Prepare to spend the money you save on your hat or neck gaiter on a rain jacket. This is an essential, although I don’t wear it unless it’s cool or rainy. Instead, I stuff it into my fly fishing vest.

I have an older, no-frills Simms lightweight rain jacket that is no bulkier than a fly fishing shirt. It has been a life-saver on sunny days when a rain-shower seems to come out of nowhere. It also provides an extra layer of warmth on a cool morning or evening.

Successful fly fishers dress for success. You don’t need to spend a lot of money. Nor do you need to look like a model on a fly fishing website. Just make sure you dress for comfort and protection.

Double Up for Fly Fishing Success

fly fishing success

Two is better than one when it comes to chocolate brownies, contact lenses, and trout flies. If you’re looking to increase your odds of catching trout, then double up. Use a lead fly and then a second fly, which trails behind it a foot or so.

Here are some double-fly combinations that really work. They include wet-fly combos, dry-fly combos, and dry-wet-fly combos. You never know which fly the trout may prefer on a given day:

1. The Hopper + Terrestrial

This is great for late summer during hopper season. Start with a size 6-10 hopper pattern—or some kind of large attractor pattern (such as a Stimulator). Then, trail either an ant or beetle pattern behind it. This is basically a dry fly combo, although it’s fine if your dropper (the ant or beetle) floats below the surface in the film. Last week, I was fly fishing in Colorado and talked to a fly fisher who used this combo in a high mountain lake and caught fish after fish on size 14 beetle pattern.

2. The Elk Hair Caddis + Caddis Emerger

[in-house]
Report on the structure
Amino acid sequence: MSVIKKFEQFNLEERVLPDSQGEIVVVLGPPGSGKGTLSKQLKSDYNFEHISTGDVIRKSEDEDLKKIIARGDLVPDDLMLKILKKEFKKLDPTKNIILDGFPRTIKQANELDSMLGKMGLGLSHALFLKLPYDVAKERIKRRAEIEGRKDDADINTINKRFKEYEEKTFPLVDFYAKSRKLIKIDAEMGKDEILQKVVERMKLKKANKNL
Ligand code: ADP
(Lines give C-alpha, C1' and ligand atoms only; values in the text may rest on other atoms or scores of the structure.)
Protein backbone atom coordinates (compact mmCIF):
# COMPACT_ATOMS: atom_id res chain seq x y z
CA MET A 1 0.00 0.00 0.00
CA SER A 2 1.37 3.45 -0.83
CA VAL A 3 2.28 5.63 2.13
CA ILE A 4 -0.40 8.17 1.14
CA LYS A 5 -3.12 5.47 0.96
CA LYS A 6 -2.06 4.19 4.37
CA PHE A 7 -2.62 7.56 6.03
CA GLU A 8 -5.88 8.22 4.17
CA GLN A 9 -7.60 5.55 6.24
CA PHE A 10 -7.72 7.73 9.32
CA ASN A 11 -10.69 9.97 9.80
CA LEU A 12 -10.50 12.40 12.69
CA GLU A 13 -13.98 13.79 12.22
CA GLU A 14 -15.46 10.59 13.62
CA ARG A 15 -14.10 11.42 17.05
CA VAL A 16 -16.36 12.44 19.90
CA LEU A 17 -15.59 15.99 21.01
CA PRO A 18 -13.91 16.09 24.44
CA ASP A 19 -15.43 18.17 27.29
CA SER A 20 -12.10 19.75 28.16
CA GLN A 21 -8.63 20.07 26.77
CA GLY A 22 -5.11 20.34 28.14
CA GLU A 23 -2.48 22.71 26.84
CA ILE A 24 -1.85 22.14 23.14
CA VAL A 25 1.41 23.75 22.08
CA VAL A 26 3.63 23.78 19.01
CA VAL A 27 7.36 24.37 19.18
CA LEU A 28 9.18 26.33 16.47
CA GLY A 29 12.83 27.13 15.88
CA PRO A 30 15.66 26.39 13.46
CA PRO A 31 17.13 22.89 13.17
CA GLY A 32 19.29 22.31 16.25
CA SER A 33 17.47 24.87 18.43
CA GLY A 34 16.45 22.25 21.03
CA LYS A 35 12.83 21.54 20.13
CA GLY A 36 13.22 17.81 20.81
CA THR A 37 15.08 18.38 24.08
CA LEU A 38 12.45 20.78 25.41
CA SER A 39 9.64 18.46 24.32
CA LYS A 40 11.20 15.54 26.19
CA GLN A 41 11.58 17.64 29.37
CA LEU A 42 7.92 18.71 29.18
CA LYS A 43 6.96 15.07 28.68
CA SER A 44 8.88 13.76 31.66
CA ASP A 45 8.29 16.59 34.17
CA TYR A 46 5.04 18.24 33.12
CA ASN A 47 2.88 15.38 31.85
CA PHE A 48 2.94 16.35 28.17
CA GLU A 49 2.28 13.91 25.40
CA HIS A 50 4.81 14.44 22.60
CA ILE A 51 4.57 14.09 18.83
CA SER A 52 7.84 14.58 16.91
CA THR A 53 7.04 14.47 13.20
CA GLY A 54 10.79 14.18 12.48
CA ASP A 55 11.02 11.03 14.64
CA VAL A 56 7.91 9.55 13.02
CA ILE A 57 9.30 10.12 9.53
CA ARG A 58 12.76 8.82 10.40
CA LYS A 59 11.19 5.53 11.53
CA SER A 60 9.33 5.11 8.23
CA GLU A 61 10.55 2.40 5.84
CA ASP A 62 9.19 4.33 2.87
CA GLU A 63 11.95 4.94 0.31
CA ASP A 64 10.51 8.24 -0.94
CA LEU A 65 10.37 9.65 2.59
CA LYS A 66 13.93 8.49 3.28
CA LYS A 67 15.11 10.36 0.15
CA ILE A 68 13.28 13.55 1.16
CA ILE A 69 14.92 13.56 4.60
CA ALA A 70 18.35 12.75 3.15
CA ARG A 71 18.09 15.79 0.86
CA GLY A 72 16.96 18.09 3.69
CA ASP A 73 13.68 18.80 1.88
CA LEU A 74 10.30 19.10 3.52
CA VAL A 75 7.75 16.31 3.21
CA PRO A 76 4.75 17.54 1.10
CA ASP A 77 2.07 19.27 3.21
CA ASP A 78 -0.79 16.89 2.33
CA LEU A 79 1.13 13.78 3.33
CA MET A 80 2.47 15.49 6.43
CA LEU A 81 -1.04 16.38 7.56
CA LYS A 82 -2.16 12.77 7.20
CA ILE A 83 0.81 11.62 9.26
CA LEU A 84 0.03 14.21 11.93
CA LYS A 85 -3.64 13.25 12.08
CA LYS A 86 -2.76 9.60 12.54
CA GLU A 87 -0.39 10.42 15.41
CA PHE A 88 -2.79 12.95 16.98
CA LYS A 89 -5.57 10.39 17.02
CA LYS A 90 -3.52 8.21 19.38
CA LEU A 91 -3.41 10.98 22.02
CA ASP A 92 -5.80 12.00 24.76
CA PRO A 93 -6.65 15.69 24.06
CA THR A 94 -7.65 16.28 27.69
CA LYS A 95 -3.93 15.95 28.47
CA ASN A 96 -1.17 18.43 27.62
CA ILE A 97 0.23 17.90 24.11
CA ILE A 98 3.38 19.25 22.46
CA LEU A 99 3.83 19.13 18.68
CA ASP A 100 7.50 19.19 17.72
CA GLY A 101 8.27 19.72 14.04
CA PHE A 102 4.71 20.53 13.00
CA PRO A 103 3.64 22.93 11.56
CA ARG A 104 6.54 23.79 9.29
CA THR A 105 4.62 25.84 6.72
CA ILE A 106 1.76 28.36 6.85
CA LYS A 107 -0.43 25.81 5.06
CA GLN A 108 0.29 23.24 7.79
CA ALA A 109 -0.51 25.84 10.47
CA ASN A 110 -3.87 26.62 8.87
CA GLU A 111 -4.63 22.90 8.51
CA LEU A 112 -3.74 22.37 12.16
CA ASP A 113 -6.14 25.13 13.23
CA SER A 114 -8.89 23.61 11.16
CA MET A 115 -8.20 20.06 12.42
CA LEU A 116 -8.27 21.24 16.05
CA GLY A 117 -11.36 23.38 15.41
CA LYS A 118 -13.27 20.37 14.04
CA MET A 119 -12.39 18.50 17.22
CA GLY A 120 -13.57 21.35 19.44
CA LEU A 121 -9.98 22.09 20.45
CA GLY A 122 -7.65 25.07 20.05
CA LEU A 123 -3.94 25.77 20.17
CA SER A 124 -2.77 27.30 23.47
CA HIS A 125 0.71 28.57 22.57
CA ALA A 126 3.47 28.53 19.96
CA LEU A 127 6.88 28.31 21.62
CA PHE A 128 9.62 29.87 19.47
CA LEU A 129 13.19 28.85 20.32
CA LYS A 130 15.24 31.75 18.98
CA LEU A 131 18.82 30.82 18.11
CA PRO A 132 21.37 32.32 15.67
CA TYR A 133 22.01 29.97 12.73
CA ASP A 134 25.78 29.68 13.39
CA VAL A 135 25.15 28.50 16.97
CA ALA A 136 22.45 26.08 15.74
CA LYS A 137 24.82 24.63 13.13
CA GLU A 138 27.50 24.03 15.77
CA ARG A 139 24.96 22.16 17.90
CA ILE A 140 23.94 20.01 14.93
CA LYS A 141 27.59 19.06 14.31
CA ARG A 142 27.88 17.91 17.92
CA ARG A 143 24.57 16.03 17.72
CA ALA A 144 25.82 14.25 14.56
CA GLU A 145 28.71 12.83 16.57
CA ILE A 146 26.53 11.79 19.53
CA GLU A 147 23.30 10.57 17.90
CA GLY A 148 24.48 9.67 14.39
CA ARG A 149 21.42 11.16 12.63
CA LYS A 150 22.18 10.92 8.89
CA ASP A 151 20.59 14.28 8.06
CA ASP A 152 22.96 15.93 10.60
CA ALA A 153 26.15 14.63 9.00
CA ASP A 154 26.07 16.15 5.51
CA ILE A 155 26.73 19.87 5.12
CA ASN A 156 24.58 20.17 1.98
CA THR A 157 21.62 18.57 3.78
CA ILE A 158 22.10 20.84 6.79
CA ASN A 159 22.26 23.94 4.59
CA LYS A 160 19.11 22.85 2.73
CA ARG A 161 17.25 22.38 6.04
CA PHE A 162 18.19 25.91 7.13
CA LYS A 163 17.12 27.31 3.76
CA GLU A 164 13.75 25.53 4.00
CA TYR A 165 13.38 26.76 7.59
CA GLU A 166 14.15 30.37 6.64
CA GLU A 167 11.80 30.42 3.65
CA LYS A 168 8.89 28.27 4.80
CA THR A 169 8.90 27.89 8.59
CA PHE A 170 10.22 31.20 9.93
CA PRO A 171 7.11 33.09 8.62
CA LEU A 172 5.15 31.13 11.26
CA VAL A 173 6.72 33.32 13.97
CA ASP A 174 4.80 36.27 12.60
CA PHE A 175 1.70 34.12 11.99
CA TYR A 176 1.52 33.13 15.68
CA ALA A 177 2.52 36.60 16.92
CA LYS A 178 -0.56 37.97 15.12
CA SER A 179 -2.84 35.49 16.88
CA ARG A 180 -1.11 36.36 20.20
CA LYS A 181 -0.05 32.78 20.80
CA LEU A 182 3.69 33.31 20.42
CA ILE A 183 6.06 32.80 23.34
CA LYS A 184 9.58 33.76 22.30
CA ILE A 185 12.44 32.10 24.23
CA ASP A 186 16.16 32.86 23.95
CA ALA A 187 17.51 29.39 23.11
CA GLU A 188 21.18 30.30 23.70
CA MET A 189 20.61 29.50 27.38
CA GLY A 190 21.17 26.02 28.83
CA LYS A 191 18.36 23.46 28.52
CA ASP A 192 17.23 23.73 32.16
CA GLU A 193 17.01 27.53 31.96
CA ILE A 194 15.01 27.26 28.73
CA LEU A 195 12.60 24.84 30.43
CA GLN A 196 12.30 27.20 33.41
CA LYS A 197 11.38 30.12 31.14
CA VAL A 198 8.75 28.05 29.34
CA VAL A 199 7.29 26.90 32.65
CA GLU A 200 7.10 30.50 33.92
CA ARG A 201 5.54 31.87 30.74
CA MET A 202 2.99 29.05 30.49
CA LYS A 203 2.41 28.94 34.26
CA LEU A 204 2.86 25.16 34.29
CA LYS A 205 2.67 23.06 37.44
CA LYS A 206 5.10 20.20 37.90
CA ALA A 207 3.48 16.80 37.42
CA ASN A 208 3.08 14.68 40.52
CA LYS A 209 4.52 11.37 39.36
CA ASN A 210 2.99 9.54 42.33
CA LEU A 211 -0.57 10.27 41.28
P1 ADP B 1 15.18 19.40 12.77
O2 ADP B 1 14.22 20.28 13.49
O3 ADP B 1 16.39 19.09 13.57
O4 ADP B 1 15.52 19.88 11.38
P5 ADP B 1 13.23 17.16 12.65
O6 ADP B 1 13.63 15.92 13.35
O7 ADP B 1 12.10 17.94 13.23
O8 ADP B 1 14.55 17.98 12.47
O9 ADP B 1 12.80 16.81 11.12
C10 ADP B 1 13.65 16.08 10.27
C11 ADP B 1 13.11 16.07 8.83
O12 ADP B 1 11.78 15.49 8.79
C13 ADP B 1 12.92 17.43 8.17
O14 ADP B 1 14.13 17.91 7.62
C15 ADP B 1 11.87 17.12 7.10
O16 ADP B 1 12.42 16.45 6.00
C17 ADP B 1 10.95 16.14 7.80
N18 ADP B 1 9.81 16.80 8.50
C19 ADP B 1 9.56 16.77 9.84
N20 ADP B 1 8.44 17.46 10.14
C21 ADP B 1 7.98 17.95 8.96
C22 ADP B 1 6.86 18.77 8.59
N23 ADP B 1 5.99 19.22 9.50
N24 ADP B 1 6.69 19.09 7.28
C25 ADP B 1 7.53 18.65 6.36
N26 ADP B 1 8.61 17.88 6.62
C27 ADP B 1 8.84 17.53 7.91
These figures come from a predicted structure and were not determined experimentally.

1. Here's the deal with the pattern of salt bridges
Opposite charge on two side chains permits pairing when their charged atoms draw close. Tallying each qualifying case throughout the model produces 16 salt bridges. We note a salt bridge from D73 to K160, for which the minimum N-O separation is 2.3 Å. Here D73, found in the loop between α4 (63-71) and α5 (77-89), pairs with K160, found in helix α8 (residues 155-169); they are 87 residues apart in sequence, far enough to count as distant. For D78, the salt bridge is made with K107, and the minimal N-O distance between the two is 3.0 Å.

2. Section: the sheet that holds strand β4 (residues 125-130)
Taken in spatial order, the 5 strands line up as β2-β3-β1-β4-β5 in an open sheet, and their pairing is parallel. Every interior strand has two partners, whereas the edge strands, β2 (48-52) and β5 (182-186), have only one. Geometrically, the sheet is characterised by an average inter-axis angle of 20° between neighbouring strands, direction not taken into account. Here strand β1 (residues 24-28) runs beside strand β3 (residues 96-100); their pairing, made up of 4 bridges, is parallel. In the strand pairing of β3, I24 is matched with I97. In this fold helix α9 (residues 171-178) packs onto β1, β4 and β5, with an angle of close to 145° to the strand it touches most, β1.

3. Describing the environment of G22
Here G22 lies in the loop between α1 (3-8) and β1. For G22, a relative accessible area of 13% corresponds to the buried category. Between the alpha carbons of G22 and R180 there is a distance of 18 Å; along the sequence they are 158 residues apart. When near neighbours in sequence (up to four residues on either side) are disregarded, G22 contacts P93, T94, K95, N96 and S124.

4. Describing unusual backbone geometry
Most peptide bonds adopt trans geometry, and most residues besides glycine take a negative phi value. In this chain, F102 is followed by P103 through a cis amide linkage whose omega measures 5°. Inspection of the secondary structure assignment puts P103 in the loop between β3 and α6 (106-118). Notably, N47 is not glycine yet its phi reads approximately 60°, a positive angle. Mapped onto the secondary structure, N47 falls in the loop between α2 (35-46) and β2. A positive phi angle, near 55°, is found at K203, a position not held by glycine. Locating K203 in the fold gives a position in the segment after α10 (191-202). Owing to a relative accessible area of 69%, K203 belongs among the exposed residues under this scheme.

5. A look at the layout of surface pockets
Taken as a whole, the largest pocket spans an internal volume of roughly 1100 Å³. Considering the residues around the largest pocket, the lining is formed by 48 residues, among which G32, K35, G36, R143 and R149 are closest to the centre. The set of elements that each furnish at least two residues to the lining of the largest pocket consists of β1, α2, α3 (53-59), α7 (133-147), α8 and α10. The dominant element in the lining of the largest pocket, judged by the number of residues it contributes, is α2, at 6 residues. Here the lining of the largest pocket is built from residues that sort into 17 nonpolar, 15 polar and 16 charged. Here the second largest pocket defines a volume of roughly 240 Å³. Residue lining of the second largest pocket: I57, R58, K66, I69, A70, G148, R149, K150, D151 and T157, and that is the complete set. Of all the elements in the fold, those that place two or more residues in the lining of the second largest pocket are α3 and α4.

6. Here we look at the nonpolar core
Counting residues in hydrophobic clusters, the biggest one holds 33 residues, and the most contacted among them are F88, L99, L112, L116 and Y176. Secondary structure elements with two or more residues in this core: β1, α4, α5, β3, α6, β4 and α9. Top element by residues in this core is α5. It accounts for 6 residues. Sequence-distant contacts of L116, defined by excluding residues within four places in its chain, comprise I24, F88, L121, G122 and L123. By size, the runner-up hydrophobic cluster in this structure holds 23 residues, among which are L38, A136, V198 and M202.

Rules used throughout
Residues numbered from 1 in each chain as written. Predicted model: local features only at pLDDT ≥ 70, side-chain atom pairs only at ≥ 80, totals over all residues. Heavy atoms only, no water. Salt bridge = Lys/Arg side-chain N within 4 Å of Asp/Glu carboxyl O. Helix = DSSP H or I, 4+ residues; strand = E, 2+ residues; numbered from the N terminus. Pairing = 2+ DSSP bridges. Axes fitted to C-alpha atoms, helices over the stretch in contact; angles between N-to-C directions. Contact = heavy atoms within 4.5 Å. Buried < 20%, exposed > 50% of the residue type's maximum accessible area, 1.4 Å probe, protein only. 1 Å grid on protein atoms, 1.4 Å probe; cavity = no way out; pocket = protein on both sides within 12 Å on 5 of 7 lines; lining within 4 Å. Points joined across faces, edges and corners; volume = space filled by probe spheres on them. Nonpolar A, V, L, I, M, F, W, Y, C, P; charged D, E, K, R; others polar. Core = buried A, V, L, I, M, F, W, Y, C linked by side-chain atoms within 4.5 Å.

This is a dry-wet fly combination which works well in the late spring (when the Caddis start to appear) and then into the summer as the Caddis flies continue to emerge.

I like a size 14 or 16 Elk Hair Caddis as my dry fly. Then, I use some kind of an emerger pattern as the dropper. One of my favorite droppers is a size 14 Red Fox Squirrel Nymph. I’ve had great success with this combo on the Yellowstone River in Montana’s Paradise Valley. With this combo, your lead fly acts as a strike indicator. I’ve often tied some synthetic red or white fibers at the top of Elk Hair Caddis so I can distinguish it from all the other Caddis flies on the water.

3. Woolly Bugger + San Juan Worm

My podcast partner, Dave, put me onto this combo. It’s worked well for us in the Driftless region of southeast Minnesota and southwest Wisconsin. This is a wet fly combo. Start with a smaller-sized Woolly Bugger (8-10) and then use a San Juan Worm (tied on a size 8-12 scud hook) as dropper. I use a strike indicator and drift it like a nymphing rig. Then, at the end of the drift, I will swing it and strip it back to me.

On the swing and strip, it’s the Woolly Bugger that is effective.

4. Egg Pattern + Copper John

When I’m fly fishing during the rainbow spawning season in the spring, I’ll often turn to this wet-fly combination. I’ll begin with a standard-size egg pattern (12-14) and then use a size 18 Copper John as my dropper. I like a Red Copper John. Or, I’ll use a Dave’s Emerger. This fly was developed by Dave Corcoran, then the owner of The River’s Edge Fly Shop in Bozeman, Montana.

Regardless of which dropper I use, this combo has been lethal during the rainbow run on Montana’s Madison River. It can work, too, during the fall when the browns are running. But continue reading for another dynamite wet-fly combo.

5. Stone Fly + Egg Pattern

Dave and I used this last fall in the Gardner River in the north reaches of Yellowstone National Park. We had outstanding results. Start with a Stone Fly nymph pattern (size 8-10). The options are legion.

A Golden Stone Fly or a Rubberlegs Stone Fly (with a brown or tan body) works quite well. Then, use a standard-size egg pattern (12-14) as the dropper. Last fall, I had a 30-fish morning on the Gardner using this combination. The browns were all between 15 and 20 inches. I estimate that I caught half on the Stone Fly and half on the egg pattern.

6. Beadhead Prince + Pheasant Tail

This wet-fly combo, or some variation of it, may be the standard go to pattern when there is no obvious hatch.

Use a Beadhead Prince Nymph in a size 12-14 as your lead fly. Or go with another standard nymph such as a Hare’s Ear. Then, use a size 18 Pheasant Tail as your dropper. Again, your dropper could be any number of nymphs—such as a Copper John or Zebra Midge.

Remember, two are usually better than one. Try one of these combinations or experiment with some of your own. You’ll likely double your chances of catching the trout which are monitoring the food line you’re fishing.